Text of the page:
Tue | Dec 1, 2020

Peter Tosh’s Heroes Day birthday a ‘national mystic’ - Call for Steppin Razor to be made national hero

Published:Monday | October 19, 2020 | 7:29 AMYasmine Peru/Senior Gleaner Writer
Peter Tosh
Peter Tosh
Peter Tosh
Peter Tosh
Peter Tosh
Peter Tosh
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The fact that National Heroes Day 2020 falls on the same day as the birthday of reggae legend Peter Tosh is a coincidence which is certainly not lost on those in his inner circle, and they have translated that into a call for the ‘Steppin Razor’’s status to be upgraded to that of national hero. Tosh, who was awarded an Order of Merit by the Jamaican Government in 2012, would have turned 76 today.

Dr Michael Barnett, senior lecturer in the Department of Sociology and Psychology and Social Work, TheUniversity of the West Indies, Mona campus, is among those making this clarion call. “This year (2020) with Peter Tosh’s ‘earthday’ falling on National Heroes Day, it is something of a national mystic. I, along with others within the Peter Tosh Earthday Celebration Committee, feel that Peter Tosh, who presently holds the Order of Merit, should be considered for an upgrade to national hero status,” Barnett shared with The Gleaner. “I say this on the basis that Peter Tosh, along with others such as Bob Marley and Miss Lou), actually meets the criteria for national hero status.”

This echoes calls for reggae king Bob Marley to be made a national hero, but they have so far fallen on deaf ears. Barnett is seriously hoping that the authorities will contemplate putting the Tosh motion into action.

“We as fans, admirers and family of Peter Tosh are hoping that the powers that be consider this seriously, as Peter has rendered to Jamaica a service of a most distinguished nature. Through his musical message, ever since the ‘70s, he was one of the first to shout down the wicked system of apartheid in South Africa. He sounded the call for equal rights and justice in his song Equal Rights, effectively branding Jamaica as a nation that champions equal rights and justice all over the world,” Barnett expanded.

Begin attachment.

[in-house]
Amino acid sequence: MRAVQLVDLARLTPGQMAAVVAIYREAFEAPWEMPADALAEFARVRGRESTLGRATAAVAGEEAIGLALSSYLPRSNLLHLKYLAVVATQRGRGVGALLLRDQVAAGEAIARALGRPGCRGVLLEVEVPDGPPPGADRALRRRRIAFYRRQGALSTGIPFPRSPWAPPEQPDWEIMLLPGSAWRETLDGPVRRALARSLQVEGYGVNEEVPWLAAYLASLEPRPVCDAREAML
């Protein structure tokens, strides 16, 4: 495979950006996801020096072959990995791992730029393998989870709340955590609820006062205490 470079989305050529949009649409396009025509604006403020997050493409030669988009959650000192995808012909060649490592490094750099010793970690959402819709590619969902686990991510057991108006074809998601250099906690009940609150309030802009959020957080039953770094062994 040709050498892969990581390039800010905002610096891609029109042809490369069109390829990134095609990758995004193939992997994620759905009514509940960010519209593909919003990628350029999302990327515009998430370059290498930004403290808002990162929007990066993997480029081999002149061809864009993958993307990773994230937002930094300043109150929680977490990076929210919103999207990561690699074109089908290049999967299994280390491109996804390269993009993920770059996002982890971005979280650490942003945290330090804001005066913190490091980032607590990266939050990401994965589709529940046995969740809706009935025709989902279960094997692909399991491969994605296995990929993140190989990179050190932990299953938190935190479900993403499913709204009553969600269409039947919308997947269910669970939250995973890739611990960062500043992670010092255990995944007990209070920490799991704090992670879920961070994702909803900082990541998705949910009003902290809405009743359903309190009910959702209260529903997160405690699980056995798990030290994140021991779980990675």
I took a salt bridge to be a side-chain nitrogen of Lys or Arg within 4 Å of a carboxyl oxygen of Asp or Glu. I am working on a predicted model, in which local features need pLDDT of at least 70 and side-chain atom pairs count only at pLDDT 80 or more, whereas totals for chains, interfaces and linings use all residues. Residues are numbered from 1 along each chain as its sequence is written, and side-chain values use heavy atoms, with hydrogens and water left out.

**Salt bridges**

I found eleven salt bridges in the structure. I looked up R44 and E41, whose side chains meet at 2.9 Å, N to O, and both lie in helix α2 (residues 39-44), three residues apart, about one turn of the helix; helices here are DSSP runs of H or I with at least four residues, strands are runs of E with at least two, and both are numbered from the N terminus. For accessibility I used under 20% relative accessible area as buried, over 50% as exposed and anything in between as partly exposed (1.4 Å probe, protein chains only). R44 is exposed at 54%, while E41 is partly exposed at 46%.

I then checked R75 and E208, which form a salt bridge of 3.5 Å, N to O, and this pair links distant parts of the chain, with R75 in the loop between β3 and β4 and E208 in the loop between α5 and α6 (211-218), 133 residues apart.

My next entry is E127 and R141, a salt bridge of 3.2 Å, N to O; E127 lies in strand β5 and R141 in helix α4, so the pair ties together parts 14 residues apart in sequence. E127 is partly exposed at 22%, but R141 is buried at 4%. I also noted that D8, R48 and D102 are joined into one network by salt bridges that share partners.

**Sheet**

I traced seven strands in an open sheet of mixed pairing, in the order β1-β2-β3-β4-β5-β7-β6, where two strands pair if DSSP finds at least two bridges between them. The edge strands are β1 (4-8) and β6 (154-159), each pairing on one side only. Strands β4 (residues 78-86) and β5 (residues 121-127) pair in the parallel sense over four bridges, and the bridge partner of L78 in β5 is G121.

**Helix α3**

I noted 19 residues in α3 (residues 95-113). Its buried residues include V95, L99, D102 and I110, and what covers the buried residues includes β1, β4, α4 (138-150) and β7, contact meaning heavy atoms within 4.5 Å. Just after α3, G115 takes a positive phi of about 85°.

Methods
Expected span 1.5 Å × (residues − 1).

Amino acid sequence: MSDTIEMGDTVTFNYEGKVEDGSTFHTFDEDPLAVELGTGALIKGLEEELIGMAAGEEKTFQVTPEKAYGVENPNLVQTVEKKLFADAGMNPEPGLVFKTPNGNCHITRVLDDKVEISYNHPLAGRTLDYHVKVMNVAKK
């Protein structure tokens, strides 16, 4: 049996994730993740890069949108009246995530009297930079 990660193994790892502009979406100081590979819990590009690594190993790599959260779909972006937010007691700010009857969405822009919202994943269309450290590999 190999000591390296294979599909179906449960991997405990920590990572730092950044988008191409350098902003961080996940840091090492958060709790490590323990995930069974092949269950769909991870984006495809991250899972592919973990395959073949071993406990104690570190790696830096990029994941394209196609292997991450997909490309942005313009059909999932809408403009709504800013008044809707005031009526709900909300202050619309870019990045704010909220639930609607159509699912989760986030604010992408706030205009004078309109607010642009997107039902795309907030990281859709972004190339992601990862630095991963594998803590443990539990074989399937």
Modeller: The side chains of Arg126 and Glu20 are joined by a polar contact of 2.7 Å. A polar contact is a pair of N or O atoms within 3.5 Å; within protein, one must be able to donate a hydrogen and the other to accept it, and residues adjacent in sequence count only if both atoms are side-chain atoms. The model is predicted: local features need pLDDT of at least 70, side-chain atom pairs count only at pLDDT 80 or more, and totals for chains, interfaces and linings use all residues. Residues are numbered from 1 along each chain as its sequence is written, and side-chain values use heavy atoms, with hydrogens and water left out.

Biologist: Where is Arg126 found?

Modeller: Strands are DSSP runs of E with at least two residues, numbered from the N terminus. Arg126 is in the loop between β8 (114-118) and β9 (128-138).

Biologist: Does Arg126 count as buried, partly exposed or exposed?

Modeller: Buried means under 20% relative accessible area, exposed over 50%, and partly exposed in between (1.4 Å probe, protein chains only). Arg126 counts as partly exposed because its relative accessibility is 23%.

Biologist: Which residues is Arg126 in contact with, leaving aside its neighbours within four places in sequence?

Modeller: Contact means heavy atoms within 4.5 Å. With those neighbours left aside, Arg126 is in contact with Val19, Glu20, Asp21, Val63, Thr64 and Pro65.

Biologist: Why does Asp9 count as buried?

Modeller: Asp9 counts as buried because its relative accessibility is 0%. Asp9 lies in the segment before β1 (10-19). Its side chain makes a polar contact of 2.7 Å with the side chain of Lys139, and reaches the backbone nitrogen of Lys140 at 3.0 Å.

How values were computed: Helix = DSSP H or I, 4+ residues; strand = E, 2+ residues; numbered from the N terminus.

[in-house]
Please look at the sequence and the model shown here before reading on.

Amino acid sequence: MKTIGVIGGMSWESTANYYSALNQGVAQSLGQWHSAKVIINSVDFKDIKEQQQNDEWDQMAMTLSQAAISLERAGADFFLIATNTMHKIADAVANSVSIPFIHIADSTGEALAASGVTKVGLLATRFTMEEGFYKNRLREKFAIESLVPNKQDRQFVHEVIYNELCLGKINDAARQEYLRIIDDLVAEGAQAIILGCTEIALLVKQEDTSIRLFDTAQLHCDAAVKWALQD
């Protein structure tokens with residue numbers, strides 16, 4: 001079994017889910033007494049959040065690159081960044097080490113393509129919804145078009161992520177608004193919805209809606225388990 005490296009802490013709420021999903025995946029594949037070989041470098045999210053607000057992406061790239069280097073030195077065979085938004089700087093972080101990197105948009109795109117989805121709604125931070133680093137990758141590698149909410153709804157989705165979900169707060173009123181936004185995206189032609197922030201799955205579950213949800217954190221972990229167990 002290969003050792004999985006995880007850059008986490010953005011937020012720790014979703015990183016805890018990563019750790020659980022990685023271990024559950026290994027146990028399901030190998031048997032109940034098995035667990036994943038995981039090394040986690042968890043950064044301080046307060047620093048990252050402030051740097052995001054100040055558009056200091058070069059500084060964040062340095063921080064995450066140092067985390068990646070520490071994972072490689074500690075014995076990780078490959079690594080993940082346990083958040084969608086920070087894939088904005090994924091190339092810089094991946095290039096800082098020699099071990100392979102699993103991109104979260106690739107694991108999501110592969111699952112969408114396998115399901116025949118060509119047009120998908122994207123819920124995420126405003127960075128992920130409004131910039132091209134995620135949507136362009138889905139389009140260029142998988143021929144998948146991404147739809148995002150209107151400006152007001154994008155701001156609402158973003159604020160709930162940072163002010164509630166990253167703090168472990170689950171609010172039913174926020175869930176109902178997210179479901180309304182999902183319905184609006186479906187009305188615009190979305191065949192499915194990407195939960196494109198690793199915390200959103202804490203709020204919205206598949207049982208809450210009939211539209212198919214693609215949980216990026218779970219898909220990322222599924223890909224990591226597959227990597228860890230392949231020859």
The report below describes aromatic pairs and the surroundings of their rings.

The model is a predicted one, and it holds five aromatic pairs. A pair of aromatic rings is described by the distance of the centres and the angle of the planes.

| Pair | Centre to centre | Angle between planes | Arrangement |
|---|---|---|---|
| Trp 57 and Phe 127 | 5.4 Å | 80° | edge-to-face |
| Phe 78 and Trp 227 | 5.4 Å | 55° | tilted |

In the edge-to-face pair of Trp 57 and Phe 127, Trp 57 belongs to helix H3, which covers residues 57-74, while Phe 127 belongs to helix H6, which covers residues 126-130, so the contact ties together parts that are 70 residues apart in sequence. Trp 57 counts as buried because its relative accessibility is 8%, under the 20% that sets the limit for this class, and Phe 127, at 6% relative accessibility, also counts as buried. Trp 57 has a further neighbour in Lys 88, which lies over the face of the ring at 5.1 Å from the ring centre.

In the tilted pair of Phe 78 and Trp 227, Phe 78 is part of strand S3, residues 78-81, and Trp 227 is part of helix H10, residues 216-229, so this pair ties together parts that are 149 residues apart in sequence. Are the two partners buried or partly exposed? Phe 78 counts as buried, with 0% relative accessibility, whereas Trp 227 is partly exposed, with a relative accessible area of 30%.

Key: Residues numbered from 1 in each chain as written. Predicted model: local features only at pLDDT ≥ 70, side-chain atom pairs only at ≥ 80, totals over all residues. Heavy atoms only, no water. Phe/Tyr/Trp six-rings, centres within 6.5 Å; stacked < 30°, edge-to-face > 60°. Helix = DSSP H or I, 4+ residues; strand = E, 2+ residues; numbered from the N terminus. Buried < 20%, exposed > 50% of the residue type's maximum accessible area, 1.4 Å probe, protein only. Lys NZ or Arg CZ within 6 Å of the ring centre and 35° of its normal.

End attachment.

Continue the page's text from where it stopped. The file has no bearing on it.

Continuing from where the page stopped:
He pointed out that Tosh was an anticolonialism champion and, along with Bob Marley, helped to brand Jamaica, not just as a cultural superpower, but as a moral power and force for change in the world.

Peter Tosh was born Winston Hubert McIntosh, in Westmoreland in 1944. Along with Bob Marley and Bunny Wailer, he was one of the core members of the band The Wailing Wailers (1963–1976), after which he established himself as a successful solo artiste and a promoter of Rastafari.

Intro to larger audiences

In 1978, the Rolling Stones record label contracted Tosh and released the album Bush Doctor, which introduced Tosh to a larger audience. The album featured Rolling Stones frontmen Mick Jagger and Keith Richards, and the lead single – a cover version of The Temptations’ Don’t Look Back – was performed as a duet with Jagger. It made Tosh one of the best-known reggae artistes across the globe.

One of the most memorable Peter Tosh stories occurred during Bob Marley’s free One Love Peace Concert of 1978. Tosh lit a marijuana spliff and lectured about legalising cannabis, lambasting attending dignitaries Michael Manley and Edward Seaga for their failure to enact such a legislation.

Tosh was murdered at his house in Jamaica on September 11, 1987. His final LP, No Nuclear War, won a Grammy in 1987.

A virtual Peter Tosh programme is being produced for today. There will be rare footage of past Peter Tosh performances and interviews to be screened on the special Peter Tosh YouTube channel. Also, there will be a special Peter Tosh panel session organised by his daughter, Niambe Tosh, the head of the Peter Tosh estate, and some of her siblings.

yasmine.peru@gleanerjm.com